Risks of Weight Gain and the Need for Early Prevention
It’s easier to recognize a problem once the evidence becomes overwhelming. Denial and other defense mechanisms can keep blinders on for a long time, but denial can eventually be broken. I ignored my weight gain for many years before I finally recognized I had a problem (Read: Denial About Obesity is the New Mindset).
My weight gain was gradual. I did not wake one morning and weigh over 200 pounds, having gone to bed the night before at 135 pounds. Obesity is built one pound at a time.
Gaining a few pounds does not set off alarm bells, but many become the elephant in the room— big and bold and seldom acknowledged. That is how I felt. Now, research has shown that even before things fly out of hand, any amount of weight gain has risks.
Any Weight Gain Carries Risks
A study from the University of Oulu in Filand, found that even young, normal weight adults who have an increase in body mass index are at increased risk for cardiovascular and other diseases (Read: 10 Weight Related Illnesses).
A sample of 12,664 young adults was tested for 32 gene variants that were known to be associated with a higher BMI. After compiling all of the variants a person had, the researchers would assign a gene score. The results showed that higher gene scores had a direct relationship with elevated BMI and a number of blood indications of metabolic risk. This means that higher BMI can cause an increase in cardiovascular risk independent of eating fatty foods, lack of exercise, and smoking (Read: Adolescent Bariatric Surgery for Teens).
Additionally, metabolic profiles of 1,488 subjects done after 6 years showed that an increase in BMI led to adverse metabolic changes. However, the data showed “favorable” changes in those who had even modest weight loss.
Stay Ahead of the Weight Gain Problem
Another team of researchers at the University of Southampton worked to assess the effects of five early-life risk factors associated with childhood obesity. For their study, they used 991 mother and child pairs who took part in the Southampton Women’s Survey. The risk factors under examination were obesity, excess weight gain, smoking and low levels of vitamin D during pregnancy, and breastfeeding of less than one month after birth.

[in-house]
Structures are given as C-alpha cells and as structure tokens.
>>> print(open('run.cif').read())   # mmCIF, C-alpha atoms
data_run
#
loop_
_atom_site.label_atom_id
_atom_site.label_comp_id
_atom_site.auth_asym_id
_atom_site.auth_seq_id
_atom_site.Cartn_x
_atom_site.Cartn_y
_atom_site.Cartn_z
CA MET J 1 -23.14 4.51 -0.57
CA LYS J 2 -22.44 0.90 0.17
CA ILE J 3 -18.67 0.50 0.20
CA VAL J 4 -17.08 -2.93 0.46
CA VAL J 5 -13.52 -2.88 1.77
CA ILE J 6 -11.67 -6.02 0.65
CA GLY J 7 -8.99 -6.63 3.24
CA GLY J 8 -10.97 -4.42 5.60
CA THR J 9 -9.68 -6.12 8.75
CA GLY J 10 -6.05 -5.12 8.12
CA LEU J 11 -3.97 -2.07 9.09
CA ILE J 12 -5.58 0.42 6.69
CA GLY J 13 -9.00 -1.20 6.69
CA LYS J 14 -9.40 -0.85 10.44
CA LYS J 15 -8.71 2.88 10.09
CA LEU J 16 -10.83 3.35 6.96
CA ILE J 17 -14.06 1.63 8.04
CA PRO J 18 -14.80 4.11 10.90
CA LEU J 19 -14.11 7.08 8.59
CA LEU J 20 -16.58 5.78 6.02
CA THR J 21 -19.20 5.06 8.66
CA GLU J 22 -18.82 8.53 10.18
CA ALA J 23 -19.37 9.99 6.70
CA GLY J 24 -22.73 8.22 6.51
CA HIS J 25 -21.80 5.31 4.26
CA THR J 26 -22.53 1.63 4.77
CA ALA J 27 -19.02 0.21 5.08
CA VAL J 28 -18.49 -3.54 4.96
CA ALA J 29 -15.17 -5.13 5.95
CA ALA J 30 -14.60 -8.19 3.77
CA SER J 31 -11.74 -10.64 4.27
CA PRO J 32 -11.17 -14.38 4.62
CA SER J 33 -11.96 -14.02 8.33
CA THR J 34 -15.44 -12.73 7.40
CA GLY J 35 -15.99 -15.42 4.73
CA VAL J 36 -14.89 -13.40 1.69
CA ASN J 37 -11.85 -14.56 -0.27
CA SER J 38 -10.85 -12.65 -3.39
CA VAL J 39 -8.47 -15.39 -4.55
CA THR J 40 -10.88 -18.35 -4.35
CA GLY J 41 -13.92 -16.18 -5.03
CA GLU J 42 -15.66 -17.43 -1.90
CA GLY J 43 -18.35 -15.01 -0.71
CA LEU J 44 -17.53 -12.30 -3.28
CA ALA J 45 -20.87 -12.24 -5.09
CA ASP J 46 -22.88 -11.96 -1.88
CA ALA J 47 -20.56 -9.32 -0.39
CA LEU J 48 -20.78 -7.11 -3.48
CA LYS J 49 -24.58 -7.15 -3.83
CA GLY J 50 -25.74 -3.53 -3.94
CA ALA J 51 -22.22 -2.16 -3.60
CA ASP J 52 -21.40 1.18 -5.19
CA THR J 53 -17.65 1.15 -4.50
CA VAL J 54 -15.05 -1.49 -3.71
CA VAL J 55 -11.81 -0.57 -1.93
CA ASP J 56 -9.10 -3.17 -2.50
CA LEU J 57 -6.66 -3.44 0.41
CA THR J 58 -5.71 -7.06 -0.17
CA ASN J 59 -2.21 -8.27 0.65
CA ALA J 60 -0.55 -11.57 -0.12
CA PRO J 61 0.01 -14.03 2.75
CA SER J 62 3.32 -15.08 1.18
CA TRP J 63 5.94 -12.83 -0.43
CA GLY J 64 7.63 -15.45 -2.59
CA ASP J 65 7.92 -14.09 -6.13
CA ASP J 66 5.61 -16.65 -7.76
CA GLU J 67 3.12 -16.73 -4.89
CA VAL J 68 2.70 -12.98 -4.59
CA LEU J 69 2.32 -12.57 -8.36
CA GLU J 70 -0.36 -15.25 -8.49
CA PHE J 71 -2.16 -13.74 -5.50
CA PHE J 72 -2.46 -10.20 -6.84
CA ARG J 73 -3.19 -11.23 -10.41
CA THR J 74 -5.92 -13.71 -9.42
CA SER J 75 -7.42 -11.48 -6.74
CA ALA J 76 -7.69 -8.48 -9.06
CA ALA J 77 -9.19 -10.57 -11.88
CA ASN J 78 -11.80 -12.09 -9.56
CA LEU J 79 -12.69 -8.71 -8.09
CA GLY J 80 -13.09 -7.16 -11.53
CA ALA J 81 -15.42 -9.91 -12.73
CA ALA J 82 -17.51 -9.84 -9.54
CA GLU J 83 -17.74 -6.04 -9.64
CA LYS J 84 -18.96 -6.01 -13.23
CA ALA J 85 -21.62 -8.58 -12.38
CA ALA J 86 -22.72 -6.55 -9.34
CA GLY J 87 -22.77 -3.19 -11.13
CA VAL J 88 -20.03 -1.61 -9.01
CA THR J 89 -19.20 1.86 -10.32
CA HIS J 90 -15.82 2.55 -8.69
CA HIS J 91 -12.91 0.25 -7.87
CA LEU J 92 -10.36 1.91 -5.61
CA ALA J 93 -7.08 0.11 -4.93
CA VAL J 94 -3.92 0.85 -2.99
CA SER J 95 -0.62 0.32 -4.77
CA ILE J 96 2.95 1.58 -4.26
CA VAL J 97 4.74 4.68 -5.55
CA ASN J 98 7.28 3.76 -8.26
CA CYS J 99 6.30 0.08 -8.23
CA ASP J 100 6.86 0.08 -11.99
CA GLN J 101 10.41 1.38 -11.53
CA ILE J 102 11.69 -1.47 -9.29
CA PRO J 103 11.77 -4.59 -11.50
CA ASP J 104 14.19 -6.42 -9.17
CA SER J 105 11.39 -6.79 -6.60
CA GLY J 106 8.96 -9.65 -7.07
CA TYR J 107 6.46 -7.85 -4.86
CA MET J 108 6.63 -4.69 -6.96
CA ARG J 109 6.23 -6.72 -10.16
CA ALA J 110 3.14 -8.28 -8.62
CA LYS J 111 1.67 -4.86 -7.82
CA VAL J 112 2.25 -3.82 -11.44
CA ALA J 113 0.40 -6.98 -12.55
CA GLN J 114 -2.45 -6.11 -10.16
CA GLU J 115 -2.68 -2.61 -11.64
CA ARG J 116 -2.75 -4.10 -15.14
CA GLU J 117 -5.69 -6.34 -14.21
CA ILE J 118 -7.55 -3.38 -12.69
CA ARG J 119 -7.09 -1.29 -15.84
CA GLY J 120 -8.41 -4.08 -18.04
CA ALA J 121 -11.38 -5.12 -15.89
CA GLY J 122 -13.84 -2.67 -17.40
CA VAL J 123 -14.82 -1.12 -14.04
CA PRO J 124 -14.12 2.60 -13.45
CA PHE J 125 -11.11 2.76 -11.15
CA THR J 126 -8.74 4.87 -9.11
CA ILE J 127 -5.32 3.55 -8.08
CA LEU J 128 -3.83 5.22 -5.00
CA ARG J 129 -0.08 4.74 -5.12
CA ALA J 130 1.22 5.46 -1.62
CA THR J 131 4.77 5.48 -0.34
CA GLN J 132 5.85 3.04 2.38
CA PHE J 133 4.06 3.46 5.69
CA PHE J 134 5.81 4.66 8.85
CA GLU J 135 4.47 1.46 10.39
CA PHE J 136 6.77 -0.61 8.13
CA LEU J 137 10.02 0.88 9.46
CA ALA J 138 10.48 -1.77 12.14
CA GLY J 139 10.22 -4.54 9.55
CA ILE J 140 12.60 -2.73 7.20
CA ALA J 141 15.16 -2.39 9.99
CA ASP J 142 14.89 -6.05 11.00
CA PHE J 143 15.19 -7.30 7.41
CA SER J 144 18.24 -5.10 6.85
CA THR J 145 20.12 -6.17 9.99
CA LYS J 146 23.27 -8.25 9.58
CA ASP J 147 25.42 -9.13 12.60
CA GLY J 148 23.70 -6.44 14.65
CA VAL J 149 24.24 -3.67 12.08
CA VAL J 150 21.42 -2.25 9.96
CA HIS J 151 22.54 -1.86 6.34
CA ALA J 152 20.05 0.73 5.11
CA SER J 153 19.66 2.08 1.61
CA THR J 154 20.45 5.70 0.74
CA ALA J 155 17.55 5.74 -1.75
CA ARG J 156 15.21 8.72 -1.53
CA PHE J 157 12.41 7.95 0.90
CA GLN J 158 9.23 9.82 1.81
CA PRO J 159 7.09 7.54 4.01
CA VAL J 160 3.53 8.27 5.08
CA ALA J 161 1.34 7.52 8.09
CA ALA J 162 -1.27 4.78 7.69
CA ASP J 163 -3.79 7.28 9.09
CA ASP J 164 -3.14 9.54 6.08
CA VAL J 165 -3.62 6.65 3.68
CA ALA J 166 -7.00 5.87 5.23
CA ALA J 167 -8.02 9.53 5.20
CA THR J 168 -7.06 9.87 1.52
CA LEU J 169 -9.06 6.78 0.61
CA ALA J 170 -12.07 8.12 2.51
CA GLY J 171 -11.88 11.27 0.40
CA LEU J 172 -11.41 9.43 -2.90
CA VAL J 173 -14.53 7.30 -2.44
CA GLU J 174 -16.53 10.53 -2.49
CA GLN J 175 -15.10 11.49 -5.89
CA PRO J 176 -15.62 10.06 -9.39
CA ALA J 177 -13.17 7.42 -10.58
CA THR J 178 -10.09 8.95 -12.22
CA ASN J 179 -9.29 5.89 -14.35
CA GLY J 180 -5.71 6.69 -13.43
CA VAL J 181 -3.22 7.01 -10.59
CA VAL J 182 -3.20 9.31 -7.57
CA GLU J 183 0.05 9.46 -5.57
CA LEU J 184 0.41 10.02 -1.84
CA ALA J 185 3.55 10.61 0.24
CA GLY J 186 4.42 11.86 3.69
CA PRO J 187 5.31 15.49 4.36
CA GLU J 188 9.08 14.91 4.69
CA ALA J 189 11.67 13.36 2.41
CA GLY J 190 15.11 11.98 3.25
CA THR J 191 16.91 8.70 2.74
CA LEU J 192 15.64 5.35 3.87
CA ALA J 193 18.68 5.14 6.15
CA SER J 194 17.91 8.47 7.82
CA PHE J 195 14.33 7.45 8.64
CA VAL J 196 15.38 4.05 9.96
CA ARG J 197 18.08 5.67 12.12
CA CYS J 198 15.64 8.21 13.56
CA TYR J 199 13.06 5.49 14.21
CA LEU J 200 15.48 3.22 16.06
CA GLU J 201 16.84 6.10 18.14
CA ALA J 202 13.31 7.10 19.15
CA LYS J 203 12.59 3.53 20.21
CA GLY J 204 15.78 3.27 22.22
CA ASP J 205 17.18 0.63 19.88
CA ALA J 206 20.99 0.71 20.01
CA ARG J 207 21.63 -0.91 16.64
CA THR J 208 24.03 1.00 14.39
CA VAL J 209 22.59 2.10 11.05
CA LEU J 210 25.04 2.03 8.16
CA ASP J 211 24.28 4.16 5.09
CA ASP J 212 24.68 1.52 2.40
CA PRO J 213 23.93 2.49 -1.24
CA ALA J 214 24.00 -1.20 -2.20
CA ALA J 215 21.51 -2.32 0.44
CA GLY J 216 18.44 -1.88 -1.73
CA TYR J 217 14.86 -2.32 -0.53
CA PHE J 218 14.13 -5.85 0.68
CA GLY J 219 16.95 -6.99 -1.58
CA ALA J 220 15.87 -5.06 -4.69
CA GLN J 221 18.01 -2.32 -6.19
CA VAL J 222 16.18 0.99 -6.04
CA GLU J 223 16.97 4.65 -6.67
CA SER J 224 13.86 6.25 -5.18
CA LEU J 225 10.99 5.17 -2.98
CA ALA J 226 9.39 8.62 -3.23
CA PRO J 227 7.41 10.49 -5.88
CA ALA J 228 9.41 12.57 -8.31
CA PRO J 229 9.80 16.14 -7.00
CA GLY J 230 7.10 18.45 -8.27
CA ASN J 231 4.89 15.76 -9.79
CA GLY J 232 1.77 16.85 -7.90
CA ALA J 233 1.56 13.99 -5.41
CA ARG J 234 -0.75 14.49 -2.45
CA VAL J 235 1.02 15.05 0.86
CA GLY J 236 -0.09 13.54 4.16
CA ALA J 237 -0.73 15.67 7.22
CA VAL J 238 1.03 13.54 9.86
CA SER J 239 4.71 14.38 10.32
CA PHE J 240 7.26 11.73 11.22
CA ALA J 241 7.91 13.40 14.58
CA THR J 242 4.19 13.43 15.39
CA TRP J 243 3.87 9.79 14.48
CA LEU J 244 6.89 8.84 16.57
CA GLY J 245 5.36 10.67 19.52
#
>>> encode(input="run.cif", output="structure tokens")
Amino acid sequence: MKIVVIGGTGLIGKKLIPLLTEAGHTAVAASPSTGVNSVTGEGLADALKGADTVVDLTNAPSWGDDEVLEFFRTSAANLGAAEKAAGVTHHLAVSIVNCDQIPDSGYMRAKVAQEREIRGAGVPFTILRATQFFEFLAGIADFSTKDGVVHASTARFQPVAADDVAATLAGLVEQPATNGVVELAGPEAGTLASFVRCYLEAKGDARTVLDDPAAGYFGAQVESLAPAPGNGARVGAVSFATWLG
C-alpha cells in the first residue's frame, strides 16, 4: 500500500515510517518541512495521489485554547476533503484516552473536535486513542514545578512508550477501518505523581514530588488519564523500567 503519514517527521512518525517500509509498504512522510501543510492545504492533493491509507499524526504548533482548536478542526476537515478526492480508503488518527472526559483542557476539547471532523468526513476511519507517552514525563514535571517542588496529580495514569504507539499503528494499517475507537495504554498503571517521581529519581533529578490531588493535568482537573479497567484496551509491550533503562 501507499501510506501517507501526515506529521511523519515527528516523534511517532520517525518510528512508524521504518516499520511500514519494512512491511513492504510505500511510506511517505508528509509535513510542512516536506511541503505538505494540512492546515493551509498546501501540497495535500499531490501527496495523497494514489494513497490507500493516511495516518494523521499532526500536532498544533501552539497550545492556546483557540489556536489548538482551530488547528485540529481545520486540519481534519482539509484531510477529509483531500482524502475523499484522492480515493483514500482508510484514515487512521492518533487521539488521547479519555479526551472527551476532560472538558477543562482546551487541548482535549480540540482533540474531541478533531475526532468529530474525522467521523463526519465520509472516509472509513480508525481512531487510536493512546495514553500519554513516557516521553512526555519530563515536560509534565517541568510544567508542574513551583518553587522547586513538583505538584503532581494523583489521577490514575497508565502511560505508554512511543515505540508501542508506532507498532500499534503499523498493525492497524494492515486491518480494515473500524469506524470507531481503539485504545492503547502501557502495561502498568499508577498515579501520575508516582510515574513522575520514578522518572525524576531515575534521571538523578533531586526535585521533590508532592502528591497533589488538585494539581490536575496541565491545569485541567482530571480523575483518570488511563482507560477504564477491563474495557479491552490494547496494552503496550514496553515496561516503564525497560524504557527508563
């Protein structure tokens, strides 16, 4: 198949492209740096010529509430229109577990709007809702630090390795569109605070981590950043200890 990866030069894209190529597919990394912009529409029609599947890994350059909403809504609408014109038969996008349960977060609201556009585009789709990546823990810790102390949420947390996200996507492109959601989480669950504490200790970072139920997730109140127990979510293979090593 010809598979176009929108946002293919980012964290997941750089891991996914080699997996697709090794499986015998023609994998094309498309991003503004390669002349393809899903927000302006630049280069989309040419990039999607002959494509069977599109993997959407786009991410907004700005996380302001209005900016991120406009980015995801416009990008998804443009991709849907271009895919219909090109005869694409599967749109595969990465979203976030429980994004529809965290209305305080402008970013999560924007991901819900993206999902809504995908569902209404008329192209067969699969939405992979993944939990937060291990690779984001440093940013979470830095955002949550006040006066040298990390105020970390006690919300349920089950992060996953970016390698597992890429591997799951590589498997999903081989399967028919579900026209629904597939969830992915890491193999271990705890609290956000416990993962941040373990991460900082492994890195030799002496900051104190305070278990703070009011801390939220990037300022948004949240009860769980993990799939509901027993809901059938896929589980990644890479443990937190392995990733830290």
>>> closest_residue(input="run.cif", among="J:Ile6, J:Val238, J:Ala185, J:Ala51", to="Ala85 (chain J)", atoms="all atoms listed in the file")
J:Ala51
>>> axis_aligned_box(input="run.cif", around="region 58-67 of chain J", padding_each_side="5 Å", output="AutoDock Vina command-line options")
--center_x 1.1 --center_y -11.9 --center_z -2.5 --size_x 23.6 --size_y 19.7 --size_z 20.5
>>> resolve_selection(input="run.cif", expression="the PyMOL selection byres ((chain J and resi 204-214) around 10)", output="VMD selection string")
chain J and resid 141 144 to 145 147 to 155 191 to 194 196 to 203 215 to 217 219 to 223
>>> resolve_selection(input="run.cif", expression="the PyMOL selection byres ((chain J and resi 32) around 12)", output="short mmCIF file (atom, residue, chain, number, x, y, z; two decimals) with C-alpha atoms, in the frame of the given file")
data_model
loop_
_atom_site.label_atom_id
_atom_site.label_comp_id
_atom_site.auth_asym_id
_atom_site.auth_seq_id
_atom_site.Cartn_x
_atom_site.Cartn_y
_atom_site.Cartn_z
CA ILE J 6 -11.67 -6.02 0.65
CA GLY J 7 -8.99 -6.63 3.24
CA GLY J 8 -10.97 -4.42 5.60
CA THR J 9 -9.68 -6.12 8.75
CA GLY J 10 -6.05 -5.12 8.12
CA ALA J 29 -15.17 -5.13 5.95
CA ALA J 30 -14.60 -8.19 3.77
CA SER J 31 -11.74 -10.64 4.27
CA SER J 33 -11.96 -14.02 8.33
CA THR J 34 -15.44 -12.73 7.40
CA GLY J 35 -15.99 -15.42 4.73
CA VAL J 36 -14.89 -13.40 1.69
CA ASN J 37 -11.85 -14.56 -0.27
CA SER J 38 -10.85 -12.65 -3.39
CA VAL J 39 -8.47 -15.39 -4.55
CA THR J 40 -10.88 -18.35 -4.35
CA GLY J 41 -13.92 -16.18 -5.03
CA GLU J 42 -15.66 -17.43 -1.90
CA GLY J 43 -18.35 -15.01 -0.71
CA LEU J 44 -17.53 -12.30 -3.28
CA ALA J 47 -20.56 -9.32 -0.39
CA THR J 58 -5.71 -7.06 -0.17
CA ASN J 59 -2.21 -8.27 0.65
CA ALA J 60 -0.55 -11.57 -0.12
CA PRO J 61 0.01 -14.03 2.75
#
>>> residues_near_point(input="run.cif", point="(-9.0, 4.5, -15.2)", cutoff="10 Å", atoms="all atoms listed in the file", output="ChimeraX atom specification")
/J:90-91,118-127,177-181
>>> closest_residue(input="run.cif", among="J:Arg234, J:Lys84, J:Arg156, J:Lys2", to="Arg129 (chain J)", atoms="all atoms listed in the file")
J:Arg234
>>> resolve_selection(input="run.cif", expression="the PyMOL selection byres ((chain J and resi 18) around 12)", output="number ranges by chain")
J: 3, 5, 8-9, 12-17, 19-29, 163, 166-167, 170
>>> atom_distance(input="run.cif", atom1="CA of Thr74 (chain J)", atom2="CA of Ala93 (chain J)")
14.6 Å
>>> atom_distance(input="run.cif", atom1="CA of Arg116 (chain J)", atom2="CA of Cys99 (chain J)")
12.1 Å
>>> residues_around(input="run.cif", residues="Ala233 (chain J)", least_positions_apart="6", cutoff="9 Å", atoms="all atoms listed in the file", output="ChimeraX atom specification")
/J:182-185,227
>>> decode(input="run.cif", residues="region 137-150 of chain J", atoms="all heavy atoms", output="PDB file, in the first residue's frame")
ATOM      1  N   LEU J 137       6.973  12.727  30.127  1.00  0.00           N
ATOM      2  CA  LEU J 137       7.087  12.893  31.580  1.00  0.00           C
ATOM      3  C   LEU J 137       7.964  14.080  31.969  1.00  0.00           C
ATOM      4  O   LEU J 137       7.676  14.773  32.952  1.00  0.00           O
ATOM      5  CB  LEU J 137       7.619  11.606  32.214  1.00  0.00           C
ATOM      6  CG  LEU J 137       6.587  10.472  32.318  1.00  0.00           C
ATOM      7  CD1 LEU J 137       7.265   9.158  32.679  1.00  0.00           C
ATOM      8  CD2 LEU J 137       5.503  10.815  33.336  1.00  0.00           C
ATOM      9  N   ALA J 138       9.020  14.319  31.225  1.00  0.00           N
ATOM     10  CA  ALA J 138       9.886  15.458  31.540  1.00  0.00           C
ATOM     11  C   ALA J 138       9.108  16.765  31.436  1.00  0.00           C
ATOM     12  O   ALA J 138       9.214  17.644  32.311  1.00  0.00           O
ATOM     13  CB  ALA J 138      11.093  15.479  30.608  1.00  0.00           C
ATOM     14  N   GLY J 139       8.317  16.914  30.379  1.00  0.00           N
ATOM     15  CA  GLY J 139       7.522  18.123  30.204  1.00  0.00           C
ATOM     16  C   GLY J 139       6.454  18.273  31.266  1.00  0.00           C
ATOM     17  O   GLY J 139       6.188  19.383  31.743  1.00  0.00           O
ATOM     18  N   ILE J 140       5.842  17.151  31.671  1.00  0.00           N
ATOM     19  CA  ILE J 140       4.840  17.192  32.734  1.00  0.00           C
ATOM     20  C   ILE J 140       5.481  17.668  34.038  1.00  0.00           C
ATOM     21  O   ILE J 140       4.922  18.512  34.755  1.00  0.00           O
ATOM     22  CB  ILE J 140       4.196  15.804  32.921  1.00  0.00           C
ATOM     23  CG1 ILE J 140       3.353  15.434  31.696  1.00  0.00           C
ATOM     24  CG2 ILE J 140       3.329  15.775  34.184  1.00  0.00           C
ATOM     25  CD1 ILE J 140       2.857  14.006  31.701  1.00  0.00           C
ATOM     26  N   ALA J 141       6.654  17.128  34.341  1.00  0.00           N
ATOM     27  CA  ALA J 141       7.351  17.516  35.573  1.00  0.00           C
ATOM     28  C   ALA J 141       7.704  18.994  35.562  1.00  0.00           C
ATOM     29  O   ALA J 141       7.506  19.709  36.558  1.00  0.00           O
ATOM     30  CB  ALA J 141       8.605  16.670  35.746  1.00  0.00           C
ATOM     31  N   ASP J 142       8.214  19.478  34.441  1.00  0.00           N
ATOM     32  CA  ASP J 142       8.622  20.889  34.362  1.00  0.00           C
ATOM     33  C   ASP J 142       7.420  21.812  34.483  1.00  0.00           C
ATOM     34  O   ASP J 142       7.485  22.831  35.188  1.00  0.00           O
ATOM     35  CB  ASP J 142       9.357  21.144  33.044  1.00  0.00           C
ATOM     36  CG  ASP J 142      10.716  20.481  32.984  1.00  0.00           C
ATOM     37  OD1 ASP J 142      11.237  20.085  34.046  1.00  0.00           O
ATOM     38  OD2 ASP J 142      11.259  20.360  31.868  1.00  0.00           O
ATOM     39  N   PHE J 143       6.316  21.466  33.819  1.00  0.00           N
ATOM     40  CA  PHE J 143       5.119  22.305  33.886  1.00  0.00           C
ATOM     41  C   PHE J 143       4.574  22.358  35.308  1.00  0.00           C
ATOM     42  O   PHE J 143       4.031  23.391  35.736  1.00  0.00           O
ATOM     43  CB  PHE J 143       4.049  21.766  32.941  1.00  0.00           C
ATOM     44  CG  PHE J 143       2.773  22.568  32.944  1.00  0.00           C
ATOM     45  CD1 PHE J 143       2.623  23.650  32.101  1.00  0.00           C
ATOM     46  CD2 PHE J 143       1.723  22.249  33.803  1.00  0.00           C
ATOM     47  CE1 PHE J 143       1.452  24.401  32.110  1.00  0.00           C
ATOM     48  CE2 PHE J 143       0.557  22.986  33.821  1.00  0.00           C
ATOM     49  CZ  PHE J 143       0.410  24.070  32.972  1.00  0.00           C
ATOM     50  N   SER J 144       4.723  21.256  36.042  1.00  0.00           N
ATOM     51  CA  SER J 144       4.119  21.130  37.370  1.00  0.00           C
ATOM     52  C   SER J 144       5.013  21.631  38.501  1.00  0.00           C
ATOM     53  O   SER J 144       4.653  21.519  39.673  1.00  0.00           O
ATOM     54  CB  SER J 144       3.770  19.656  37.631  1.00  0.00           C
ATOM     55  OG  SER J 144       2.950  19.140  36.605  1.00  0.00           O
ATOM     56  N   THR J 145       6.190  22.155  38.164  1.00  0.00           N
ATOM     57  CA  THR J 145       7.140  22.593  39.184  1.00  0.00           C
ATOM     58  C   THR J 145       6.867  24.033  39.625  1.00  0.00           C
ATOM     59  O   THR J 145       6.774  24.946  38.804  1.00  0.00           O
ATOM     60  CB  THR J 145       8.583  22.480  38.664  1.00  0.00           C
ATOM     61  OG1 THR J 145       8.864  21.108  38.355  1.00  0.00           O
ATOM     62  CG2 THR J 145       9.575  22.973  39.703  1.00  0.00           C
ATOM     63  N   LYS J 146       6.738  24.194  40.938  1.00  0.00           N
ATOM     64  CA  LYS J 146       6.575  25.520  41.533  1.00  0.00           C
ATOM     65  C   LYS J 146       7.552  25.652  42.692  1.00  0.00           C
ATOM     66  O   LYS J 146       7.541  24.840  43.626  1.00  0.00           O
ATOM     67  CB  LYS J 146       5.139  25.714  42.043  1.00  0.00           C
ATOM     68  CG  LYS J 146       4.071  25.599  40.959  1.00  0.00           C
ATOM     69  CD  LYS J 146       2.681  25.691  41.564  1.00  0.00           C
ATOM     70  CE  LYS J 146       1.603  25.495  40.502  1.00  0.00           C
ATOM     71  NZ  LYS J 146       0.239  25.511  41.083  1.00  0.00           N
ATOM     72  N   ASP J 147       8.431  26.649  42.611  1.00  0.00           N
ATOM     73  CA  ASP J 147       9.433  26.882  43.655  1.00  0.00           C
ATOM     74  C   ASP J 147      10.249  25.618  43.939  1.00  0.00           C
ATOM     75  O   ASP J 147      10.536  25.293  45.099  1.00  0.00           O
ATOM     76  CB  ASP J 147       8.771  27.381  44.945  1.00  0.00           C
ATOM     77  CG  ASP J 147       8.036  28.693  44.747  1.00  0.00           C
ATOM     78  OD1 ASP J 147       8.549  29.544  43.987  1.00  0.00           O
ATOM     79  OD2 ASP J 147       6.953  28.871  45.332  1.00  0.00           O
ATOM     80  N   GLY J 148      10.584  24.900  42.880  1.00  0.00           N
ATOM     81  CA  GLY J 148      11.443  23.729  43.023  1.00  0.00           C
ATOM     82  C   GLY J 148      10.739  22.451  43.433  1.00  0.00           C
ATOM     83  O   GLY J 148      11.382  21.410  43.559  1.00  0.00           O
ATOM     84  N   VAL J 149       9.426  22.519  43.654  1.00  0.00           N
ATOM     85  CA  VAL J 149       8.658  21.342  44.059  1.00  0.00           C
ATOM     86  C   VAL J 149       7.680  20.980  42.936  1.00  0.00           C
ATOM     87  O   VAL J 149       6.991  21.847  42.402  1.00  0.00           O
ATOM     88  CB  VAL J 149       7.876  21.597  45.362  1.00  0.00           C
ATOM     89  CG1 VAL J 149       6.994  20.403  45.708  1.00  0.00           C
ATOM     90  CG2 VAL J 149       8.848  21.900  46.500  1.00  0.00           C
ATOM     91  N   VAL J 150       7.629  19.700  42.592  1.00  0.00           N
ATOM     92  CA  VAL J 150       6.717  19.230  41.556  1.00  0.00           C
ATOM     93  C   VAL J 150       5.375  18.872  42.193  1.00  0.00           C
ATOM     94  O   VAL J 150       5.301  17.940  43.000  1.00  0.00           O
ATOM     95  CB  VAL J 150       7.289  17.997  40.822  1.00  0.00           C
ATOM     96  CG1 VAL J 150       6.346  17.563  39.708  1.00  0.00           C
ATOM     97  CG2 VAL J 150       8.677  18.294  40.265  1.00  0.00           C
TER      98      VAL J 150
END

Here’s what the researchers found:
- Only 15 percent of the children in the study had no early-life risk factors
- 33 percent had one
- 30 percent had two
- 16 percent had three
- 6 percent had four or five
At age four, the children with four or five risk factors had a 19 percent higher fat mass and were 3.99 times more likely to be overweight or obese than those who had no risk factors. Researchers found that those children who had four or five risk factors now had a 47 percent higher fat mass at age six. Also, compared to children who originally had no risk factors, these children were 4.65 times more likely to be overweight or obese.
The outcome of childhood obesity can be dangerous. One 2007 survey of children aged 5 to 17 found that about 70 percent who were obese had at least one risk factor for cardiovascular disease.
Researchers recommend that prevention strategies for weight gain begin even earlier. They say the key could be maintaining a healthy body weight and not smoking, even before becoming pregnant.
Living larger than ever,
My Bariatric Life